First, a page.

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Amy Coney Barrett on religious liberty, court precedence and gay rights

Amy Coney Barrett’s writings reveal a jurist with an overwhelming respect for stare decisis, or “settled law.”



Trump announced Saturday his nomination of Judge Amy Coney Barrett, a federal appellate judge and Notre Dame law professor, to fill the vacant Supreme Court seat occupied by the late Justice Ruth Bader Ginsburg. Coney Barrett, age 48 and a mother of seven children, was a former law clerk to the late Justice Antonin Scalia and a finalist for the Supreme Court spot that went to Brett Kavanaugh in 2018.

The Senate Judiciary Committee will begin confirmation hearings on Barrett’s nomination on October 12. Left-wing media and gay lobbying organizations such as the Human Rights Campaign (HRC) have begun to stoke fears over Coney Barrett’s nomination, particularly where gay rights are concerned.

“Meanwhile, Mitch McConnell has sycophantically installed Trump’s extreme judicial nominees and is now seeking to push the balance of the Supreme Court even further to the fringes,” HRC wrote on its website in a statement condemning Barrett’s nomination.

It remains unclear whether HRC’s accusation refers to Trump-appointed judges such as Neil Gorsuch–who wrote the majority opinion in Bostock v. Clayton County, which made workplace discrimination based on sexual orientation and gender identity illegal–or openly gay Trump-appointed judges Patrick Bumatay of the Ninth Circuit Court of Appeals and Mary Rowland of the District Court for the Northern District of Illinois.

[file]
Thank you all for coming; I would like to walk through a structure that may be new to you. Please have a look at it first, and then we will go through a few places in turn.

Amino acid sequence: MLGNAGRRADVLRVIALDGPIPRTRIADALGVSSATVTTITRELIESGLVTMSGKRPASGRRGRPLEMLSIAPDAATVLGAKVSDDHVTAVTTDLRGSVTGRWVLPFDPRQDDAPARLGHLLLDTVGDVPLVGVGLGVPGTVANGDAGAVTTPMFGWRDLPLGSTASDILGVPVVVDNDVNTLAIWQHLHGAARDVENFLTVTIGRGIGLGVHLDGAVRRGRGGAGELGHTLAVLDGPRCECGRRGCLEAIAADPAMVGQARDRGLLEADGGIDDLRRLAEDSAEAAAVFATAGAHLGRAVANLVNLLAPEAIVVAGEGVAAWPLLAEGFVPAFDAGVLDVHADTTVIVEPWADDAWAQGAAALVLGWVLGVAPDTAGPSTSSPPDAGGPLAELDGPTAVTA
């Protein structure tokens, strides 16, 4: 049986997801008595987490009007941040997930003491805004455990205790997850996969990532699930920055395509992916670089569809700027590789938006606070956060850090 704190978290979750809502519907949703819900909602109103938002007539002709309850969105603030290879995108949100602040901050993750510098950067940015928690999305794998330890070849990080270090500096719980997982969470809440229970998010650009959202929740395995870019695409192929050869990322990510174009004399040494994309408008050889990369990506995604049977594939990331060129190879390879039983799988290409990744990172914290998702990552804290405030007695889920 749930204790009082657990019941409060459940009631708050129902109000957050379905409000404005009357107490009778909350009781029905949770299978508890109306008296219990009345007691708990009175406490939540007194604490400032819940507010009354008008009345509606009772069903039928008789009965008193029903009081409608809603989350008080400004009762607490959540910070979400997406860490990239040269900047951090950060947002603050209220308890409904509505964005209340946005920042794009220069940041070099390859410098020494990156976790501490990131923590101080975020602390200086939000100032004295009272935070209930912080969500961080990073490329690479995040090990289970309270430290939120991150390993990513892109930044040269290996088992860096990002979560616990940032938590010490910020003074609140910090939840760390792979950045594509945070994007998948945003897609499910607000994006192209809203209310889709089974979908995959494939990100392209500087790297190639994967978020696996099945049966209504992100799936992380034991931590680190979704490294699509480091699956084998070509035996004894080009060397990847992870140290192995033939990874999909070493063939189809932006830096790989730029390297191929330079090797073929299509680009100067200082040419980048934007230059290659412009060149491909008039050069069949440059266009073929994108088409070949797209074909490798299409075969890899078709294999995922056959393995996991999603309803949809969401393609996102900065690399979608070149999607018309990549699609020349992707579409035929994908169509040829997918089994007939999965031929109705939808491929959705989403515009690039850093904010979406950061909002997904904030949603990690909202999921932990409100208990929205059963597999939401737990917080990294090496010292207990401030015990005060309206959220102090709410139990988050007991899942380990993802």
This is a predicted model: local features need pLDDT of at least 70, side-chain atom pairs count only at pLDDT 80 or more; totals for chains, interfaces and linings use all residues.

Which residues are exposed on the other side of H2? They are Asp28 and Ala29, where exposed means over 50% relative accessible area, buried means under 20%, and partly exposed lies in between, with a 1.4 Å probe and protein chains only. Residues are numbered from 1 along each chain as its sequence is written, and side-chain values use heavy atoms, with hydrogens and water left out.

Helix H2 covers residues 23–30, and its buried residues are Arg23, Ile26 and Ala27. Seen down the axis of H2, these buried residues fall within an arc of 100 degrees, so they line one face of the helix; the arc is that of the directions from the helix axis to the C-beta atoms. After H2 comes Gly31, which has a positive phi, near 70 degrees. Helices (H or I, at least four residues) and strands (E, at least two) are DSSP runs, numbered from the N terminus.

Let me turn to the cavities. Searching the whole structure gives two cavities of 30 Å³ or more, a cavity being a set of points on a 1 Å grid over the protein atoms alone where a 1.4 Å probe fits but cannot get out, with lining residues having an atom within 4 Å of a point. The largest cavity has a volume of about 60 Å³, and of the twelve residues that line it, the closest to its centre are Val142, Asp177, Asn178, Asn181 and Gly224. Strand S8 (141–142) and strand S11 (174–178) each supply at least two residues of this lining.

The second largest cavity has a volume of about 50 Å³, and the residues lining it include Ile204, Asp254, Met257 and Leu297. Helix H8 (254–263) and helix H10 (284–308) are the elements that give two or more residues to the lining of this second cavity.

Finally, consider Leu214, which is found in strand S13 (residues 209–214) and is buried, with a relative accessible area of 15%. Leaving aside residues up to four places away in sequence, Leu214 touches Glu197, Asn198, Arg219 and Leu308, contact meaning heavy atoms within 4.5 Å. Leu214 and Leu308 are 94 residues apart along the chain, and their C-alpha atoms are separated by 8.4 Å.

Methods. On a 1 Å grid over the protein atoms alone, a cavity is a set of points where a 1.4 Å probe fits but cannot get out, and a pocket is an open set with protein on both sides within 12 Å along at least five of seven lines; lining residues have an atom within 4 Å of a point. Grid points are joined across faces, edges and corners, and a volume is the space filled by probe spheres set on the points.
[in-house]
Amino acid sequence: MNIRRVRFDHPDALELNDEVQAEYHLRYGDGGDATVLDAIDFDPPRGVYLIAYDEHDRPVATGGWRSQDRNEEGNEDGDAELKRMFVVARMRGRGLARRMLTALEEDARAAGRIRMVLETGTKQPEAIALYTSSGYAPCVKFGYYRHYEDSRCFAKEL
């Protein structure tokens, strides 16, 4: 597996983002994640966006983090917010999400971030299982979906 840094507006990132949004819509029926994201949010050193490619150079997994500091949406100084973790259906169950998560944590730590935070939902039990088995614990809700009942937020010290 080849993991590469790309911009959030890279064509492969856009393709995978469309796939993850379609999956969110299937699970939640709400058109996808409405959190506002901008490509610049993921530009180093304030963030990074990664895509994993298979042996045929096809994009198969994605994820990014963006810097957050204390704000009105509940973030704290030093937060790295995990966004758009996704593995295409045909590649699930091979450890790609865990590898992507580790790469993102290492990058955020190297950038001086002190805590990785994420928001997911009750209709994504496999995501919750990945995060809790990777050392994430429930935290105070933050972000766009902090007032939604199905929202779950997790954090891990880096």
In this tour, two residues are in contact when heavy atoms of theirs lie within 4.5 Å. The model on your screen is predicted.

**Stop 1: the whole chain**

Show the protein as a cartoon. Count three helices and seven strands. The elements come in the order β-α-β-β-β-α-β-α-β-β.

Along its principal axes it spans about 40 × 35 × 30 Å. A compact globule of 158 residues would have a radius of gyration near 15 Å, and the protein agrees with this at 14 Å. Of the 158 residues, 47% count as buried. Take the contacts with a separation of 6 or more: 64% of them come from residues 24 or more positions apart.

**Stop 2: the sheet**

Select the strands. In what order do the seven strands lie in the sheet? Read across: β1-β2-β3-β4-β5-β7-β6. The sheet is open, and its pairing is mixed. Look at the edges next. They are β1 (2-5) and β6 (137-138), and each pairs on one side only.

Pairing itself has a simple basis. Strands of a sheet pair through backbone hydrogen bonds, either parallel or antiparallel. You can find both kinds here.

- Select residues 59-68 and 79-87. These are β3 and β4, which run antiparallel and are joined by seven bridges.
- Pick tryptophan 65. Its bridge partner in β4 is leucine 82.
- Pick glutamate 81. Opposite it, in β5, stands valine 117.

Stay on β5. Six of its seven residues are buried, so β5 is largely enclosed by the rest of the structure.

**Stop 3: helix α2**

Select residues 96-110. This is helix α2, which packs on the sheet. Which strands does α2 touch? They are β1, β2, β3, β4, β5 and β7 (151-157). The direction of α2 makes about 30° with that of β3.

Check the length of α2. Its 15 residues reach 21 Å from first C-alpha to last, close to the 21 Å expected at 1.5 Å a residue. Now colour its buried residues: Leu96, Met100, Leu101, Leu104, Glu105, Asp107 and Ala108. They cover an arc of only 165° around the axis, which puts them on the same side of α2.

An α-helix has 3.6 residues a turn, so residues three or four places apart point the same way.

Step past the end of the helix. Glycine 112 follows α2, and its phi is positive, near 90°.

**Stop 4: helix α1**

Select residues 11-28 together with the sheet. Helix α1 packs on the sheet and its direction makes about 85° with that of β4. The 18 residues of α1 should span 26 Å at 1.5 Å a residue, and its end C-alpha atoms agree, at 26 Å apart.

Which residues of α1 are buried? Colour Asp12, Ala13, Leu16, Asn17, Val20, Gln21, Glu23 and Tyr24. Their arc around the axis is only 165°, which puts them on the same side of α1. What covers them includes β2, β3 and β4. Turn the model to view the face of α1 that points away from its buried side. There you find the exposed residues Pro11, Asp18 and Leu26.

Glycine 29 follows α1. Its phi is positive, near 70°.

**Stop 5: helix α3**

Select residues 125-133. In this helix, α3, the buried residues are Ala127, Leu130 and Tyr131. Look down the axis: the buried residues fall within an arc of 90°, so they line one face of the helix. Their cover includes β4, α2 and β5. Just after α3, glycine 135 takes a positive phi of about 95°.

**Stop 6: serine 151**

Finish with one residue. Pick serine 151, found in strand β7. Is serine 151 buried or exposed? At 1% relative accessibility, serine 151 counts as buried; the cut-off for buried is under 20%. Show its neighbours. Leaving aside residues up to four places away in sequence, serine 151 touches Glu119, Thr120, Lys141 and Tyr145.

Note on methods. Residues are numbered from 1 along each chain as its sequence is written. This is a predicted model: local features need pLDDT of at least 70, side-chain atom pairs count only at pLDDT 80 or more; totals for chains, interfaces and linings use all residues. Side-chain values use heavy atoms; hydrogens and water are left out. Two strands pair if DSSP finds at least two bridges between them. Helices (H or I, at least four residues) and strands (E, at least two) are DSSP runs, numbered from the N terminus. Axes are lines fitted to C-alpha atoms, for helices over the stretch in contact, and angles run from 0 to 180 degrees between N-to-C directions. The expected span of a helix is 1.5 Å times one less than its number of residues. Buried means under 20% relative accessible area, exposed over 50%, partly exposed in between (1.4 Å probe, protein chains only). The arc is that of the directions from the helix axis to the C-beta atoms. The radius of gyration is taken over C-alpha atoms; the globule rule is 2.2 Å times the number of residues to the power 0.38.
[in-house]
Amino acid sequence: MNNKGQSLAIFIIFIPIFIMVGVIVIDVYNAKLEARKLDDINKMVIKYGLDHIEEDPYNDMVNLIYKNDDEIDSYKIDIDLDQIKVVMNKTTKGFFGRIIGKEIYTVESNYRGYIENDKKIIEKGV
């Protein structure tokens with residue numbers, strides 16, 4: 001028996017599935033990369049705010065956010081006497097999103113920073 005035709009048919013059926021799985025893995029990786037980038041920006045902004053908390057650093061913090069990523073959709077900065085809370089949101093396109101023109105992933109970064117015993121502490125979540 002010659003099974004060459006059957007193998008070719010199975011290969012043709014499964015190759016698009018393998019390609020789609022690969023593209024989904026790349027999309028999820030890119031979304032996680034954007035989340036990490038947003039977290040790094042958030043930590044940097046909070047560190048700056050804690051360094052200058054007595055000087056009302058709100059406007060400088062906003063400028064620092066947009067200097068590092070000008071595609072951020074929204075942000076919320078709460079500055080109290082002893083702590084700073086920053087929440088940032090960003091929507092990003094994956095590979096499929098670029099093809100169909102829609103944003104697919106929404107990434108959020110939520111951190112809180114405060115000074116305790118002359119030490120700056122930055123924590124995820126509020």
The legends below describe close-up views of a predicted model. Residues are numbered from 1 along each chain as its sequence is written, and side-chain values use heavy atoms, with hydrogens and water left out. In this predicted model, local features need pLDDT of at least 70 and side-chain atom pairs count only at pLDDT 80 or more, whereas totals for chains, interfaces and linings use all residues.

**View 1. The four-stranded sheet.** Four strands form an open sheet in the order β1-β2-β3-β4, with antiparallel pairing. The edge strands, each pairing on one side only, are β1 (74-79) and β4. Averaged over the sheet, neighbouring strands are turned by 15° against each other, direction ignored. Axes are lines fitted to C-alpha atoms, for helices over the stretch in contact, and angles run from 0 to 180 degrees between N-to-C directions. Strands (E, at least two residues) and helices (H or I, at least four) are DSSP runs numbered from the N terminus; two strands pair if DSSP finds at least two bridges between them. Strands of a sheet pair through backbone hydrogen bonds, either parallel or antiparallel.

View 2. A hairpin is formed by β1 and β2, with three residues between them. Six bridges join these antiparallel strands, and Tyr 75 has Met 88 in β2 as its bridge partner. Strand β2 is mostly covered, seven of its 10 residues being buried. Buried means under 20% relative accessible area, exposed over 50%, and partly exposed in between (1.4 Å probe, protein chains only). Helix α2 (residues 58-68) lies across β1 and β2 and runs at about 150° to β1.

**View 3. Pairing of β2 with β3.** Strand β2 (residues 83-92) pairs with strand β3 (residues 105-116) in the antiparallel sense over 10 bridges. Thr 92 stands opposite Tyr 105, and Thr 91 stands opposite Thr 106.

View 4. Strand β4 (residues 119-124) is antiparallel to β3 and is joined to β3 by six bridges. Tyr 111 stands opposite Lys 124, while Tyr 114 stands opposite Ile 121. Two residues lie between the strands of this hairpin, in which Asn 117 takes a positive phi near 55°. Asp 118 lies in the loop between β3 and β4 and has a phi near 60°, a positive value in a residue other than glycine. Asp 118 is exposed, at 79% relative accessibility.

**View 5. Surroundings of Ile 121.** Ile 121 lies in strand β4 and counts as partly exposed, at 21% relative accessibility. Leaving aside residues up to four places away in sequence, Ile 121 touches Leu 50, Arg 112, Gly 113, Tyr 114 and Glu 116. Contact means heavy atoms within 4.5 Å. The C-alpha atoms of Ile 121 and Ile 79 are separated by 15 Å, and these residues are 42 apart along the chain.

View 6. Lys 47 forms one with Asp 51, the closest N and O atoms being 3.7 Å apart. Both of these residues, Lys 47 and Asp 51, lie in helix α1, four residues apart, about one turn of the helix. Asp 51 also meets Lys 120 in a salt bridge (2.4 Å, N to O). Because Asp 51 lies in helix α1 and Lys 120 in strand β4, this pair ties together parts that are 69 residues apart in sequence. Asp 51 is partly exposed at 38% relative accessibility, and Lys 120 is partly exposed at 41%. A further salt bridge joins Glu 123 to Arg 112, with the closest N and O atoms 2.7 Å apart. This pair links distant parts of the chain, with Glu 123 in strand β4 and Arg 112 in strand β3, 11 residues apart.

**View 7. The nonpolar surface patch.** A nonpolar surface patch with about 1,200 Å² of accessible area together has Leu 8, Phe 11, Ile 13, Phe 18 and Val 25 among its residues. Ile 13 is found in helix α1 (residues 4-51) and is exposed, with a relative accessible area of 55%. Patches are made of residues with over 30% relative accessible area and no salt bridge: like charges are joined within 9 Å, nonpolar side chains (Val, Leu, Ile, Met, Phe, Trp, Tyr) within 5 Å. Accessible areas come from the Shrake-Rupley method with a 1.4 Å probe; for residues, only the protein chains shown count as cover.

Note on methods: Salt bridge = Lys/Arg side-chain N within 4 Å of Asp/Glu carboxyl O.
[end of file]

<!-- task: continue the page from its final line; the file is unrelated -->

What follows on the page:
“If she is nominated and confirmed, Coney Barrett would work to dismantle all that Ruth Bader Ginsburg fought for during her extraordinary career. An appointment of this magnitude must be made by the president inaugurated in January. The Human Rights Campaign fervently opposes Coney Barrett’s nomination, and this sham process,” HRC’s statement concludes.

Yet Coney Barrett’s judicial record and writings paint the opposite picture, and instead reveal a jurist with an overwhelming respect for stare decisis, also known as precedent or “settled law.” Coney Barrett’s stated judicial philosophy is based on the conviction that judges should not let their personal political, ideological, or religious beliefs affect their decisions.

A practicing Roman Catholic, her personal beliefs are reflected on some issues. But, as argued by President John F. Kennedy and recently Democrat presidential nominee Joe Biden, one’s Catholic faith and personal religious views do not determine one’s positions on issues.

On issues of gay rights, there are two main points where the HRC and other left-wing LGBT organizations have zeroed in as they prepare to rally against Coney Barrett: anti-discrimination laws and same-sex marriage.